White Sands National Monument to Otero/Dona Ana County line. 21 miles/2480.9 total
Tuesday, November 9, 2010
8:55 a.m. I am walking out of the parking lot of the White Sands National Monument visitor’s center to the somewhat suspicious stares of a couple of park employees. I get on US 70, heading southwest through nothing to a point in the middle of the long space between Alamogordo and Las Cruces. I will finish in 21 miles on the Otero-Doña Ana County line.
I can't promise anything of interest on this walk (not that I ever do). This is one of those stretches that must be walked so I can get to more fascinating places. Other than a small military installation about two-thirds of the way through, there’s nothing in the way of civilization or amenities, unless you count the port-a-potties provided by the State of New Mexico at a few places where trucks can pull off the road.
There are clouds in the sky today, for a change. They started coming in yesterday afternoon. Alamogordo, behind me, is pretty much covered with clouds. I’m back wearing a long-sleeved shirt, and the temperature is about 50 at the moment, getting up into the high 60s, with a strong breeze from the west into my face.
This stretch of road is designated the Bataan Memorial Highway. I hope the walk today doesn’t end up resembling the Bataan Death March. As a matter of fact, every year in March they hold a marathon and a 15-mile run along here, or somewhere in the White Sands Missile Range, through which I’m walking, to commemorate the Bataan Death March. That was in 1942 after the Battle of the Phillipines, when the Japanese marched 75,000 American and Filipino prisoners of war about 60 miles over a week’s time, killing as many as 11,000 of them along the way. In the New Mexico version of the Bataan Death March, competitors can run “light,” with normal running gear, or “heavy,” carrying 35-pound backpacks and, if they’re military personnel, wearing their army combat uniforms. Survivors of the real Death March are there to greet the winners.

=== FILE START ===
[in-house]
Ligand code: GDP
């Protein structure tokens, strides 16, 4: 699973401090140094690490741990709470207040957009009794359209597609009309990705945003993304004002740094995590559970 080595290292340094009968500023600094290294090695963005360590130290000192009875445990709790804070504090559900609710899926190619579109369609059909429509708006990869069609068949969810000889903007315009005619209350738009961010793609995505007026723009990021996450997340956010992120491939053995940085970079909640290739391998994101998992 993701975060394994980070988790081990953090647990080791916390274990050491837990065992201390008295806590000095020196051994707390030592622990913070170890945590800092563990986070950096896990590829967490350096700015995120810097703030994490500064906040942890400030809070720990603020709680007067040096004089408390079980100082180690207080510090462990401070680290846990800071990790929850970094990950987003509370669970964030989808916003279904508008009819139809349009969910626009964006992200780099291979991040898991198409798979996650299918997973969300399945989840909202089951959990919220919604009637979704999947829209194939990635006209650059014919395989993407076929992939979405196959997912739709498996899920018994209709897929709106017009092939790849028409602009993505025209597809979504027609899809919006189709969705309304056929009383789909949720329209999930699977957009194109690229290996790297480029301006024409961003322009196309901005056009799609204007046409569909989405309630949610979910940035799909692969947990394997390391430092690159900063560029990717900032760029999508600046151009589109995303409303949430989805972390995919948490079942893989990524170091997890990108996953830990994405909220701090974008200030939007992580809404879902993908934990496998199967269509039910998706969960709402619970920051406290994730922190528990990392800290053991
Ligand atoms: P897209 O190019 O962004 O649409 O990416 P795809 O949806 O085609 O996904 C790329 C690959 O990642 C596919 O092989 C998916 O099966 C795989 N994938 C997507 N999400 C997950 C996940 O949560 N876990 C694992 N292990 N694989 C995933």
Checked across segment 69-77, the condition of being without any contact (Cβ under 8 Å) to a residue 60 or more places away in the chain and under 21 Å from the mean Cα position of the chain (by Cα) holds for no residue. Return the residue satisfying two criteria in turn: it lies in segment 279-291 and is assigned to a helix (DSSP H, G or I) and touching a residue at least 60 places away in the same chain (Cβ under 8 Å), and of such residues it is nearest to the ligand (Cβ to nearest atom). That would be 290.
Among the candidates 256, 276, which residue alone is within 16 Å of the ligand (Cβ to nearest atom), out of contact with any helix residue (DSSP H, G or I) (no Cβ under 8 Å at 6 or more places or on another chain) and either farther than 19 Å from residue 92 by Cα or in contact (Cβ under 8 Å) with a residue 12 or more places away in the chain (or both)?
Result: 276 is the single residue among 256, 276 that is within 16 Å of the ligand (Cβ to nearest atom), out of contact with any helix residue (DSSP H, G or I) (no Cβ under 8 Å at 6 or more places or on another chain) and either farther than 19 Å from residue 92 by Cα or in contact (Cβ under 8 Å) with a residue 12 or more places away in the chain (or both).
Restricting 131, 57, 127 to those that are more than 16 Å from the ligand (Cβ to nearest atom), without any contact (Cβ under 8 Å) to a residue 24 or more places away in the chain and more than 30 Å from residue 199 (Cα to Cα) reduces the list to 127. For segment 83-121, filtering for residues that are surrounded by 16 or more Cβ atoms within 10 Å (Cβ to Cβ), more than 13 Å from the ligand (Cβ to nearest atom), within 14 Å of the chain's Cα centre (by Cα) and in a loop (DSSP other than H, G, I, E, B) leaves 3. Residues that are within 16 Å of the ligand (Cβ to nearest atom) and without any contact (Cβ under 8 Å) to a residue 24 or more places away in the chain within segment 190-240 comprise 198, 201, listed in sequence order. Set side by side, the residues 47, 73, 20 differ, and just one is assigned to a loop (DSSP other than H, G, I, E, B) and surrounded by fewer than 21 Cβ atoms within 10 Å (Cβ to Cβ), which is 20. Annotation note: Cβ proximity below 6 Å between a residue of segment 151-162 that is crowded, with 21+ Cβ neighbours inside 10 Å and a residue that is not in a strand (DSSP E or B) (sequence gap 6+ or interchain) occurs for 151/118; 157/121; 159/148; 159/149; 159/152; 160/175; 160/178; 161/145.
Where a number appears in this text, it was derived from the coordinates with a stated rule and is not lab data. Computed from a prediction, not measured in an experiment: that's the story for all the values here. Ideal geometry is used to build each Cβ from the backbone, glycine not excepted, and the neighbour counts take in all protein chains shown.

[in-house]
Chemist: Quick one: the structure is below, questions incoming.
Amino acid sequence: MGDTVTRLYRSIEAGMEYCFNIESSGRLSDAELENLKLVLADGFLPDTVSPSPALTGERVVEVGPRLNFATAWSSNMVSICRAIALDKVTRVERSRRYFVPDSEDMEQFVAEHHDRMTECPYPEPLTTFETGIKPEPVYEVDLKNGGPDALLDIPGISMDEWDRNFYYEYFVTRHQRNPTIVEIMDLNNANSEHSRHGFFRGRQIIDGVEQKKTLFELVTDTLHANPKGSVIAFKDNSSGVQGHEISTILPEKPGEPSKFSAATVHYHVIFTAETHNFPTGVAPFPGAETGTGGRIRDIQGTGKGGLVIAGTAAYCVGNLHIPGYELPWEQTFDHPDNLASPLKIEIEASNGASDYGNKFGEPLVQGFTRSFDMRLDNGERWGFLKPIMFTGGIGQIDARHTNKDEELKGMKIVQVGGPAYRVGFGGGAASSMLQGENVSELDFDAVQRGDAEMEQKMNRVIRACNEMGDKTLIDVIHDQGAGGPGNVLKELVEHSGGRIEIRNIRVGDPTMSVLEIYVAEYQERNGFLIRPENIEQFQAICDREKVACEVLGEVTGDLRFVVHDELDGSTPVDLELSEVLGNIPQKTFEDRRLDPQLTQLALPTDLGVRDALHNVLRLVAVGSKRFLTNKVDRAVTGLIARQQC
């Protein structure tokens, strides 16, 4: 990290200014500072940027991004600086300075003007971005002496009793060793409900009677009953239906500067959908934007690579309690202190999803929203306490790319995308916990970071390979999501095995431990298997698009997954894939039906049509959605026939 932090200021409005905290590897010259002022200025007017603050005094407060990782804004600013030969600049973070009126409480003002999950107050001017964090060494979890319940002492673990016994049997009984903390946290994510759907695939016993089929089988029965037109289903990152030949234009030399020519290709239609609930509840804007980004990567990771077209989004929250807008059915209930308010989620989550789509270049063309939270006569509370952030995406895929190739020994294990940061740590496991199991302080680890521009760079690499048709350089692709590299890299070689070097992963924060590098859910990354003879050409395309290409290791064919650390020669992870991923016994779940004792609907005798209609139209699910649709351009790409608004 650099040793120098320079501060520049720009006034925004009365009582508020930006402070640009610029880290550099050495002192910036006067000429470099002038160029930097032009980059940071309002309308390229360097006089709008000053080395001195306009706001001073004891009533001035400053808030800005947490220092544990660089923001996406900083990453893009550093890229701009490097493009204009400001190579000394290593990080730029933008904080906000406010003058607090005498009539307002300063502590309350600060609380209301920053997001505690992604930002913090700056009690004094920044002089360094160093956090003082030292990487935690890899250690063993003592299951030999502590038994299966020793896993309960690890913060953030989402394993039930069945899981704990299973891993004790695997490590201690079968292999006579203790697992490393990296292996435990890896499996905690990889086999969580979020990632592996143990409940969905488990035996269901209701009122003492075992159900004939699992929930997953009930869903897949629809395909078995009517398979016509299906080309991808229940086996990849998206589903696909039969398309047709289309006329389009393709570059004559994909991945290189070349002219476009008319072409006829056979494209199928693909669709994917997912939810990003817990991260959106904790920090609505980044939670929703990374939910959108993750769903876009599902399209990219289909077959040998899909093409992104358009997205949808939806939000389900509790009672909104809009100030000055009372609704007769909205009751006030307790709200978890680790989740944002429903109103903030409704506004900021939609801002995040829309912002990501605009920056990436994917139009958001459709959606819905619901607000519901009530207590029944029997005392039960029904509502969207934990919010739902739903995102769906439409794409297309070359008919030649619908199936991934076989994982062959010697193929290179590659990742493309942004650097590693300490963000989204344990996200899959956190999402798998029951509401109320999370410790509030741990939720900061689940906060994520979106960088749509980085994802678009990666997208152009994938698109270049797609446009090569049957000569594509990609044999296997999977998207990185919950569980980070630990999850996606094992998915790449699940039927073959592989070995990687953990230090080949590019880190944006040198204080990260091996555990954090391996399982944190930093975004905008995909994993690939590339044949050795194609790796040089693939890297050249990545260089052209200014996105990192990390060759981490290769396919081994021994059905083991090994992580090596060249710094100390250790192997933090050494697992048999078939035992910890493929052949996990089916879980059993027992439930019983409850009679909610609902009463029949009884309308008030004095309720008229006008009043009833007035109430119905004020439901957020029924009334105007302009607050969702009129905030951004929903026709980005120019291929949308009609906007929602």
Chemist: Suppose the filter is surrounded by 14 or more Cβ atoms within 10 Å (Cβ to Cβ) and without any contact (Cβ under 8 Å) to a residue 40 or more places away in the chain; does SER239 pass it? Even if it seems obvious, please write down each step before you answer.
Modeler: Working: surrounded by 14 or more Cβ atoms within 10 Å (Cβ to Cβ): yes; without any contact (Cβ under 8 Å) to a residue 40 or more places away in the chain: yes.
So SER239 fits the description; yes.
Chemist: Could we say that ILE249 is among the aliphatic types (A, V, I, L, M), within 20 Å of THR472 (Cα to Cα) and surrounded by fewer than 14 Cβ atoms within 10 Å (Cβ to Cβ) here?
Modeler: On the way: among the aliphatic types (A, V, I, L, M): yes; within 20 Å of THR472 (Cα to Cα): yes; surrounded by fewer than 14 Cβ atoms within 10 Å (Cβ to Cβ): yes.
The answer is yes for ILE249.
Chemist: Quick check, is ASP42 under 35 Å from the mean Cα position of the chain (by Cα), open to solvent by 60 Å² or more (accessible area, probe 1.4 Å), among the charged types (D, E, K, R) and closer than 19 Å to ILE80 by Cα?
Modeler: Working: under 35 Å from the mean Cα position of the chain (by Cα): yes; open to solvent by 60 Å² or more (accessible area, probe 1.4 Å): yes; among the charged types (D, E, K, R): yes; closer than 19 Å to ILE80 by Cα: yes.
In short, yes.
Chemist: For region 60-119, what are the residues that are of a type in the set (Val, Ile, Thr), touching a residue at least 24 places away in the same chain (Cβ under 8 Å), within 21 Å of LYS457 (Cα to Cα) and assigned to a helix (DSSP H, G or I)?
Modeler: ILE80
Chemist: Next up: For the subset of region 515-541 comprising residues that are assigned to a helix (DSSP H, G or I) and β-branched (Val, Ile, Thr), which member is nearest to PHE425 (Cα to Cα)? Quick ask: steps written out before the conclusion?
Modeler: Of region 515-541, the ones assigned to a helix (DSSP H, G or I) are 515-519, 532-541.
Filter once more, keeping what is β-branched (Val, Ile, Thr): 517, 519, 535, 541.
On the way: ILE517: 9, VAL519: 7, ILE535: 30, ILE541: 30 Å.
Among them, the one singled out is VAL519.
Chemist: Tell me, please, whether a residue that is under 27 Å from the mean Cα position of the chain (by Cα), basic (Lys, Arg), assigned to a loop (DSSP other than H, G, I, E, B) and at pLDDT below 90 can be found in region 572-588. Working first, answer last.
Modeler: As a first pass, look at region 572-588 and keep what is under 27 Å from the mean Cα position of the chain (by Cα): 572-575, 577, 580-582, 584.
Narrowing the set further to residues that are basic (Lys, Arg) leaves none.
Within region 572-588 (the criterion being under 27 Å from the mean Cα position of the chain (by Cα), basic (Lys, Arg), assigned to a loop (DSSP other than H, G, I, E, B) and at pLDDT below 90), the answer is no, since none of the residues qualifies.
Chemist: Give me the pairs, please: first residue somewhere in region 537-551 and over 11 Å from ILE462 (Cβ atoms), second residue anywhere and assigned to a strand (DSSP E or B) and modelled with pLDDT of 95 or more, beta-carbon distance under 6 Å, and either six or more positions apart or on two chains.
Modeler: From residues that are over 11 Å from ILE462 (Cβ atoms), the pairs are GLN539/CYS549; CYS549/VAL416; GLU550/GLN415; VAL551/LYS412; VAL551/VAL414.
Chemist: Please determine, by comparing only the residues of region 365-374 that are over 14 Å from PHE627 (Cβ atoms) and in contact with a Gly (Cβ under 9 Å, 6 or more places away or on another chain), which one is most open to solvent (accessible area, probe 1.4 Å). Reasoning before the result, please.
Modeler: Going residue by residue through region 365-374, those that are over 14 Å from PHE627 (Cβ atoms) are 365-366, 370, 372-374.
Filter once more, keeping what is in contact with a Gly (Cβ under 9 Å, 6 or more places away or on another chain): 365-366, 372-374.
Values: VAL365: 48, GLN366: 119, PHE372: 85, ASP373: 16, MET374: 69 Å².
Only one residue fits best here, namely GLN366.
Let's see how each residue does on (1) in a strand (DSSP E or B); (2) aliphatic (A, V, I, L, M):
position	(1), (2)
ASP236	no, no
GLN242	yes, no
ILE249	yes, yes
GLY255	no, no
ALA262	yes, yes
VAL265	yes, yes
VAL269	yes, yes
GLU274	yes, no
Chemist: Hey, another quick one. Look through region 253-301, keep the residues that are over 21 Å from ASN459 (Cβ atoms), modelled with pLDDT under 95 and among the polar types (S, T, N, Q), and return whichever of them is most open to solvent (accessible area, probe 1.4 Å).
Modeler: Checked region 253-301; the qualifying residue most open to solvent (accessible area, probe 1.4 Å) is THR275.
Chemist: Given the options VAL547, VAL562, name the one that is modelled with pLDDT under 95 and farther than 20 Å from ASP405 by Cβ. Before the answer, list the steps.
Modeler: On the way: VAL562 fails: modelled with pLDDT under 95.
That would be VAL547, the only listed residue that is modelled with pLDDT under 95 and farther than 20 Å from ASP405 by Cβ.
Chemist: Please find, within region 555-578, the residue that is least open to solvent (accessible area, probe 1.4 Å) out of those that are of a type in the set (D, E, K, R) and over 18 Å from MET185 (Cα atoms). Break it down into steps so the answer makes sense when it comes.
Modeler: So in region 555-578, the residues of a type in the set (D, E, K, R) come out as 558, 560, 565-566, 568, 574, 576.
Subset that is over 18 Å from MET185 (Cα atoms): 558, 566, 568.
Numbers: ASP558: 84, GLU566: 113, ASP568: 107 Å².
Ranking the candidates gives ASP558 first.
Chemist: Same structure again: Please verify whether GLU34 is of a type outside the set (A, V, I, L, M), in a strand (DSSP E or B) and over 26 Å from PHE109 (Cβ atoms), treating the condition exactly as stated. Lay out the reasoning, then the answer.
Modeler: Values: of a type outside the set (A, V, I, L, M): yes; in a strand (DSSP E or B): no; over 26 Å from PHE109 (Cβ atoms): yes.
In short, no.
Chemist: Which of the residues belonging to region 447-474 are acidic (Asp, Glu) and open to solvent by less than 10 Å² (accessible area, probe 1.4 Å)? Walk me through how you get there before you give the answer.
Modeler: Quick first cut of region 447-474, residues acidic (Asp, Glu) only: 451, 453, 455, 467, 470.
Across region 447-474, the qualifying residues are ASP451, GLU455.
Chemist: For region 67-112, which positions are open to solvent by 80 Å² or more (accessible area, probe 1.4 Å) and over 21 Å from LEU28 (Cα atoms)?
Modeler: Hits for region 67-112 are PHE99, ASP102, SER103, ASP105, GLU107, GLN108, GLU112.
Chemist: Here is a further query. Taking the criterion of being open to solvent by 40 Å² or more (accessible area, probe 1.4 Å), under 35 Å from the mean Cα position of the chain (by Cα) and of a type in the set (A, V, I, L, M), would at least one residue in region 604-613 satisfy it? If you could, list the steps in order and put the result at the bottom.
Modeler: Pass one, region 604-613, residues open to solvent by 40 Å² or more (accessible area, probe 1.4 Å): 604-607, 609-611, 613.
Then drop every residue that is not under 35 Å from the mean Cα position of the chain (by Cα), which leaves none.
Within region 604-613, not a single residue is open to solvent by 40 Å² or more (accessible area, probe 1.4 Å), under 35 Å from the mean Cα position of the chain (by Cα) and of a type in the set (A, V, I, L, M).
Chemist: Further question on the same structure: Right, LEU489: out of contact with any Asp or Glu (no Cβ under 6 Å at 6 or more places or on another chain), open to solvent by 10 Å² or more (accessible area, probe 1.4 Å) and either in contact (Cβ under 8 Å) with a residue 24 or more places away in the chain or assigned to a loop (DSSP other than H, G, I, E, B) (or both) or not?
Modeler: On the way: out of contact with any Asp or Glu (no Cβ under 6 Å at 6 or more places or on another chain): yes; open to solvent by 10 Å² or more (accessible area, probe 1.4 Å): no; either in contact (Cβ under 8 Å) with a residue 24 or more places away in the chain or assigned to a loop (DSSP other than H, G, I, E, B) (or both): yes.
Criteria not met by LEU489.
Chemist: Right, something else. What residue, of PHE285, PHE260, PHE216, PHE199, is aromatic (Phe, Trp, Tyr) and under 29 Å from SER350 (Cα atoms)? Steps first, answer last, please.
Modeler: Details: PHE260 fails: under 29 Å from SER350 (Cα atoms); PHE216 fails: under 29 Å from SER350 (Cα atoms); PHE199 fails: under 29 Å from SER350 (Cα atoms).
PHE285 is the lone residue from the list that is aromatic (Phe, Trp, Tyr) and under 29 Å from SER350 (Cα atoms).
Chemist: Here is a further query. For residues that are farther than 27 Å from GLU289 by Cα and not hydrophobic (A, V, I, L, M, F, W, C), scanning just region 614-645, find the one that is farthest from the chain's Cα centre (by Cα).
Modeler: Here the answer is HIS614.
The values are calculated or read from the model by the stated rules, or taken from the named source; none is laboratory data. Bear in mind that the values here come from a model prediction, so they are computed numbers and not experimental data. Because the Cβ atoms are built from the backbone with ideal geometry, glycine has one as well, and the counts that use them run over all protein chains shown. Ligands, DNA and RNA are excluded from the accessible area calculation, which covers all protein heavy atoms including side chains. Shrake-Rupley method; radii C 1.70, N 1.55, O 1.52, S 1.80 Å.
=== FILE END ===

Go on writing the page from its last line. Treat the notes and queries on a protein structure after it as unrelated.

I should say a word or two about the White Sands National Monument, too. I visited it in April on my way out to California and wrote about it in the blog. This area was first set aside as a national monument in the 1930s. The white sands that form the ever-changing dunes here are made of selenite, a crystallized form of gypsum. Unlike regular quartz-based sand, gypsum is water soluble. In prehistoric times this area was a lake, in which the gypsum was dissolved and sank to the bottom. When the lake dried up selenite crystals were left, some as large as three feet long. Gradually these crystals have eroded and sand-sized pieces have blown over here from the southwest, forming these unusually white dunes. Also unlike regular sand, this gypsum sand does not absorb the sun's heat very well, so even in the hottest part of the year the sand can be walked on in bare feet. The National Monument has hiking trails and places where people can ride sleds down the dunes. Because of the whiteness of the sand and the otherworldly look of the place, some movies have been shot here, especially ones where people are supposed to be on another planet or in the middle of the old desolate tough-guy west.